MANILA, July 16 (Mabuhay) — The Supreme Court (SC) cleared eight Philippine Navy officers who were dismissed from the service following the death of Ensign Philip Andrew Pestaño on board the cargo ship BRP Bacolod City in 1995.

In its resolution promulgated on May 14, 2021 and made public online on July 12, the SC’s First Division reversed the Oct. 11, 2013 decision of the Court of Appeals (CA).

It also set aside the 2011 order of the Office of the Ombudsman in the administrative case against the eight petitioners, led by retired Navy Capt. Ricardo Ordoñez.

The others who were charged with grave misconduct were Cdr. Reynaldo Lopez, HM2 Welmenio Aquino, Lt. Cdr. Luidegar Casis, Lt. Cdr. Afrederick Alba, MR2 Sandy Miranda, Lt. Cdr. Joselito Colico, and retired Petty Officer 2CL Mil Leonor Igcasan.

They were implicated after an investigation by the Senate and the Armed Forces of the Philippines found that the 23-year-old Pestaño, before his death by a gunshot wound to the head inside his cabin, confronted the officers in connection with the unauthorized cargo of lumber being transported by the ship.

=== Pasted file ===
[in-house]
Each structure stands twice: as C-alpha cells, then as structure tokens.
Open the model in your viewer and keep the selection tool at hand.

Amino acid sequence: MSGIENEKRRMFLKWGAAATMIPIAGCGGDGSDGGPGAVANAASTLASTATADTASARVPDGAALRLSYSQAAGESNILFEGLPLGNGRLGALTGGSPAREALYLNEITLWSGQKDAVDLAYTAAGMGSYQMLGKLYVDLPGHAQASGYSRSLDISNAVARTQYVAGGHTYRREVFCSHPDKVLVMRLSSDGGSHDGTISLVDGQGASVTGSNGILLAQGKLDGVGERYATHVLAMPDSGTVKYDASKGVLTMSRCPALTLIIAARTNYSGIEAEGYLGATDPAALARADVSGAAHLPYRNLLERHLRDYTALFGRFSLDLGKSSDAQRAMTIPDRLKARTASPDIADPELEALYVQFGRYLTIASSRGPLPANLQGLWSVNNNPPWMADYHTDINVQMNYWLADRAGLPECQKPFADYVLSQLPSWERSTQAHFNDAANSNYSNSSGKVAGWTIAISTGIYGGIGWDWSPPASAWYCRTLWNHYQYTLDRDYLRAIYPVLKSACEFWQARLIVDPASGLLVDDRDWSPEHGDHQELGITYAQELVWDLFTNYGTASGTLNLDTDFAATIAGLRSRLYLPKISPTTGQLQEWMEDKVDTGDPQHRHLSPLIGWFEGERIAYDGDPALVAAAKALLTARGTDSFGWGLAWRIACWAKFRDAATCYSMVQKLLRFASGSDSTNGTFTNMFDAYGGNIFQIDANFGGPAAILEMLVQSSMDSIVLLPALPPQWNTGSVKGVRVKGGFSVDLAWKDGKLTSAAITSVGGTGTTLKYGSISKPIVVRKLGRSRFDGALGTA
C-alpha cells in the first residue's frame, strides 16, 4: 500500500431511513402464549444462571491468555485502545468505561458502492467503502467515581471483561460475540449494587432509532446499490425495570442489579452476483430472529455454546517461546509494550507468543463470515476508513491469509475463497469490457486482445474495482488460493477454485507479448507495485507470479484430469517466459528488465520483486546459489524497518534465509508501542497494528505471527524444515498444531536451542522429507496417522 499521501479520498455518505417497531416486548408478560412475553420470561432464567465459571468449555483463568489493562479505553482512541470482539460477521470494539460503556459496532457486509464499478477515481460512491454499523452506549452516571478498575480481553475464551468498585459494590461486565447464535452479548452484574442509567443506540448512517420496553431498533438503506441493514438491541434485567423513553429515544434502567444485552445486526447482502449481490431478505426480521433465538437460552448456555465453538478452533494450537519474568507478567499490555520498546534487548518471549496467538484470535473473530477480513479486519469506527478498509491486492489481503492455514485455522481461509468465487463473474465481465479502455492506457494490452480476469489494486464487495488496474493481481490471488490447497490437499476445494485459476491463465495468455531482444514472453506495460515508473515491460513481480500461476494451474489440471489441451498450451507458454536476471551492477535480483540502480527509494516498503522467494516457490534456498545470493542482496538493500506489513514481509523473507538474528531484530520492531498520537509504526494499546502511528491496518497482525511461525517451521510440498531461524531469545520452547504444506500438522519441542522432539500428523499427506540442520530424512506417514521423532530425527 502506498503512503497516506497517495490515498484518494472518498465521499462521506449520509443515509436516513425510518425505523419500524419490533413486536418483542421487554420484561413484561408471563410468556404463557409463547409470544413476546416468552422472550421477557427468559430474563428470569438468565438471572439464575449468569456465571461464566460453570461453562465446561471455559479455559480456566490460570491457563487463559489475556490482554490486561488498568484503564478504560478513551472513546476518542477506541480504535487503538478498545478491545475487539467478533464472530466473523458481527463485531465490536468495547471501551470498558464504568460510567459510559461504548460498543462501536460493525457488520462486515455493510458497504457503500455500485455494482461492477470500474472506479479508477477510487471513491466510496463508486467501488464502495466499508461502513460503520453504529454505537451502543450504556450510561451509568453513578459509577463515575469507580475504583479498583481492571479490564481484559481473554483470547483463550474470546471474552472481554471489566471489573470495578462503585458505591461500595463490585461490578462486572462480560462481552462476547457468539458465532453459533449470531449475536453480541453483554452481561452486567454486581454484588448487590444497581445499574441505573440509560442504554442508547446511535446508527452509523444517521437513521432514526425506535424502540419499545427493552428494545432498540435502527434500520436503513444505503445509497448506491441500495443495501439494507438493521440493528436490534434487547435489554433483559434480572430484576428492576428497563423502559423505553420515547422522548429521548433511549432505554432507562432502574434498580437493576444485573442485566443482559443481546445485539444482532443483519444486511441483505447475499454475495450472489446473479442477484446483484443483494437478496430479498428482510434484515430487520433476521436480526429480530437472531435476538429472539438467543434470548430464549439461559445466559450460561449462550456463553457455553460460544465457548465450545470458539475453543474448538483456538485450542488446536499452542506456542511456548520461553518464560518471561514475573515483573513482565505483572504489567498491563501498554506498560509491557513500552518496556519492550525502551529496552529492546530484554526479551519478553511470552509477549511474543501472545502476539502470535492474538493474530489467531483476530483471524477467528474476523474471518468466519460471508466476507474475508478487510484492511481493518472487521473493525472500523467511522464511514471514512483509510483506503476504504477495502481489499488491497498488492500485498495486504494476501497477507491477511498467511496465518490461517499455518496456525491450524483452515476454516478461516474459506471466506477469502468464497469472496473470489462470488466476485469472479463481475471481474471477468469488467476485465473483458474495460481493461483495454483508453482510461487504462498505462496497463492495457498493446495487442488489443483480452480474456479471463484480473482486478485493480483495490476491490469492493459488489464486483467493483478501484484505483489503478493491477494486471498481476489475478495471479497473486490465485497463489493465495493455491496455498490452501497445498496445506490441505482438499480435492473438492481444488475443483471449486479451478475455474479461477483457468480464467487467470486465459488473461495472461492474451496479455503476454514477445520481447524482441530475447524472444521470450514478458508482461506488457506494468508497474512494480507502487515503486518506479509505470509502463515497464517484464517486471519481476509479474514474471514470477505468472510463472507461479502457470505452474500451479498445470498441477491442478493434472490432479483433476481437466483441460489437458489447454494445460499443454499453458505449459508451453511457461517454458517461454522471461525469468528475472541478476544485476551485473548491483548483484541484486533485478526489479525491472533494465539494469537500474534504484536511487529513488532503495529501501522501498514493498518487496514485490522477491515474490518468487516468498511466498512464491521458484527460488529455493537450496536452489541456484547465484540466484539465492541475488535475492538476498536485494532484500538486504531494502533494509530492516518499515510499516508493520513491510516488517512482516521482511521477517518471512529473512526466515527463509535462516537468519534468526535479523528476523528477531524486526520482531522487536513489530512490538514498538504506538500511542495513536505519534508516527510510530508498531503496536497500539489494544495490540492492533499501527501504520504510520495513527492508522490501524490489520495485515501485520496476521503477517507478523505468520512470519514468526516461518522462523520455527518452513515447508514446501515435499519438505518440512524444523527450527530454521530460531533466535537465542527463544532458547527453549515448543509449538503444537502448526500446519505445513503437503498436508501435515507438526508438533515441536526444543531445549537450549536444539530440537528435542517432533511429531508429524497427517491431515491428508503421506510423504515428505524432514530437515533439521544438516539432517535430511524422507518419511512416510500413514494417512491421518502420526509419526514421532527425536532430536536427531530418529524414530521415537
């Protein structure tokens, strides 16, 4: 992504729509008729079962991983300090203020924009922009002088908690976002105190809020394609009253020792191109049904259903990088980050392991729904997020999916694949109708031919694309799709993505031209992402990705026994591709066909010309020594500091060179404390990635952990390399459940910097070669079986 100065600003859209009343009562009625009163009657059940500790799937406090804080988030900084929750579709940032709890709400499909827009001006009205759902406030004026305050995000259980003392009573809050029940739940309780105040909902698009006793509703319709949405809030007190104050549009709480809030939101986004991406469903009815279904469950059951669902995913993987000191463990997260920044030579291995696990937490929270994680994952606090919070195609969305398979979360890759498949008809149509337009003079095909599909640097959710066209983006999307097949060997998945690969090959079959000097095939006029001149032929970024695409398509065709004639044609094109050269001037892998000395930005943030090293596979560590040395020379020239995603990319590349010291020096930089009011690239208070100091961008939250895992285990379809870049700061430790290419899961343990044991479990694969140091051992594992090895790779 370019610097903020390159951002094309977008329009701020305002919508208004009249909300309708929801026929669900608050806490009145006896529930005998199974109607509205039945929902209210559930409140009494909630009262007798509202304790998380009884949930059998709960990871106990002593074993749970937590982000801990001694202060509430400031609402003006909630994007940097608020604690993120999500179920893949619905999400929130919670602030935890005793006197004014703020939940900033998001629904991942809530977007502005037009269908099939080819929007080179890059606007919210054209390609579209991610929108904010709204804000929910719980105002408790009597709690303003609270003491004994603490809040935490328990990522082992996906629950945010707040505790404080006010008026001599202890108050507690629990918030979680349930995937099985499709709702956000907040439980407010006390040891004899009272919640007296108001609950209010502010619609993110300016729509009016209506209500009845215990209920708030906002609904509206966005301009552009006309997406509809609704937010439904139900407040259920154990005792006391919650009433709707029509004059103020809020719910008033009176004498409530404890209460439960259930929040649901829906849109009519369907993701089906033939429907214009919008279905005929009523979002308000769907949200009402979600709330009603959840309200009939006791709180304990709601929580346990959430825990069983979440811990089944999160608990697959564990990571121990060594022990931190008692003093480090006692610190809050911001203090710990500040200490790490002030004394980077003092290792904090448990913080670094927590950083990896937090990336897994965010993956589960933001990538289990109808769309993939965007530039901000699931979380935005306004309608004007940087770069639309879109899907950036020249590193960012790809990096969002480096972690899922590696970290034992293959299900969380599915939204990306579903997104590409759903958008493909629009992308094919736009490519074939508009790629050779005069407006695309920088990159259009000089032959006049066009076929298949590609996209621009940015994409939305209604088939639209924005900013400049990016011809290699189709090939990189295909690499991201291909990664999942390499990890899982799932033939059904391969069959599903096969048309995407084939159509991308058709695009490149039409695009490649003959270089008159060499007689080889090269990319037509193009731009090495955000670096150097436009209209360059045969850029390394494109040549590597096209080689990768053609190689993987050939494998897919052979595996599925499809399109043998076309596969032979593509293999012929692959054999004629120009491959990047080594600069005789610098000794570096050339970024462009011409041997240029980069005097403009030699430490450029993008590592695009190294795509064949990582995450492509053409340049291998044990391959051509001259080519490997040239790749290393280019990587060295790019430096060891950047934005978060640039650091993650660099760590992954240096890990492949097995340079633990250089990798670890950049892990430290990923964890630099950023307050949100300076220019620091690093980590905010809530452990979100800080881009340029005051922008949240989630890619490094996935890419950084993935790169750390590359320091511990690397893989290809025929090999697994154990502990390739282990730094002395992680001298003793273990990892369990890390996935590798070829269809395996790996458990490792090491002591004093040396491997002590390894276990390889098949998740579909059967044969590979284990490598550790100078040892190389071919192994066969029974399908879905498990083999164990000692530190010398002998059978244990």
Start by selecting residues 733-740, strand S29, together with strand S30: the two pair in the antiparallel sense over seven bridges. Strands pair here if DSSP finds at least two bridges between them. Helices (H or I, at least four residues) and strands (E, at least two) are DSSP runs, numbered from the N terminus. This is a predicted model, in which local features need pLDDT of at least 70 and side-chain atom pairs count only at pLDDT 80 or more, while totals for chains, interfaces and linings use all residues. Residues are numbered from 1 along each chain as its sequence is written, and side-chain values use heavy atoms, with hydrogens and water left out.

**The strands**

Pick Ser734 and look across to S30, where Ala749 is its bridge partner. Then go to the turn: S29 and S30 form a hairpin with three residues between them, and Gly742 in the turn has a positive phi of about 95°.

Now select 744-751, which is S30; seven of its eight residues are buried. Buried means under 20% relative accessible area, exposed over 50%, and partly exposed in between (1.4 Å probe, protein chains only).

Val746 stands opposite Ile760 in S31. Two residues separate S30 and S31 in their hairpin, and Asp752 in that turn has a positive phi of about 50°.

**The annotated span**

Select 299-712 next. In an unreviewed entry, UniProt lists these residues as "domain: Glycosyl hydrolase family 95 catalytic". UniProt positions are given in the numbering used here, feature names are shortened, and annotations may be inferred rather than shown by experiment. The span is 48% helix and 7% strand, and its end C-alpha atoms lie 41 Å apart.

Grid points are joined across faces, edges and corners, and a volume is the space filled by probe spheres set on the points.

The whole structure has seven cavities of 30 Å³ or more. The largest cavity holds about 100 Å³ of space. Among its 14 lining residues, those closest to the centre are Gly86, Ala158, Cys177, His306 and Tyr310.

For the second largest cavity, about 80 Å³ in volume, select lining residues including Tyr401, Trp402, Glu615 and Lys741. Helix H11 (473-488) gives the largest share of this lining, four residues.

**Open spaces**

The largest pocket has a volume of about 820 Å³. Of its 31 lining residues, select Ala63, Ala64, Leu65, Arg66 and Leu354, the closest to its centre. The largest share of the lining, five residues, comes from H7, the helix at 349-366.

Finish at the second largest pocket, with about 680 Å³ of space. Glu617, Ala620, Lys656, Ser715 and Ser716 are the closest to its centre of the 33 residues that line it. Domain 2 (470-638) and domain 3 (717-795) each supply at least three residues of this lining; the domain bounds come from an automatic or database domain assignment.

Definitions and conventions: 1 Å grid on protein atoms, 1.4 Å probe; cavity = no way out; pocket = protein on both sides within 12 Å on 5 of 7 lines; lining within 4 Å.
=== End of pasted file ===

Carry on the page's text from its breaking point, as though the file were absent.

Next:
A suicide note was allegedly found but Pestaño’s parents insisted it was murder.

The SC said “neither the Ombudsman’s joint order nor the CA decision clearly established any acts that could constitute grave misconduct”.

The Ombudsman also “failed to specify the individual acts or omissions of the petitioners”, the SC added.

The Navy officers were first cleared in 2009 by Overall Deputy Ombudsman Orlando Casimiro, saying there was “no substantial evidence to show that [their] actions transgressed some established and definite rule of action or constitute unlawful behavior or gross negligence”.

Pestaño’s parents contested the dismissal of the case.

Three years later, Ombudsman Conchita Carpio-Morales reversed and set aside Casimiro’s resolution and ordered charges be filed against the Navy officers.

The officers were also ordered dismissed from service.

The SC ruled that “a decision with absolutely nothing to support it is a nullity”, noting that the Ombudsman’s 2011 ruling “failed to support its conclusion of administrative liability with sufficient factual and legal basis”.

The SC said the Ombudsman’s ruling did not state how the “finding of probable cause ties into the finding that petitioners are guilty of grave misconduct. There was no attempt in the joint order to establish the parameters of what constitutes grave misconduct, much less if such parameters applied to the petitioners”. (MNS)

READ NEXT: Roque: News reports on Chinese abuses in Panatag Shoal untrue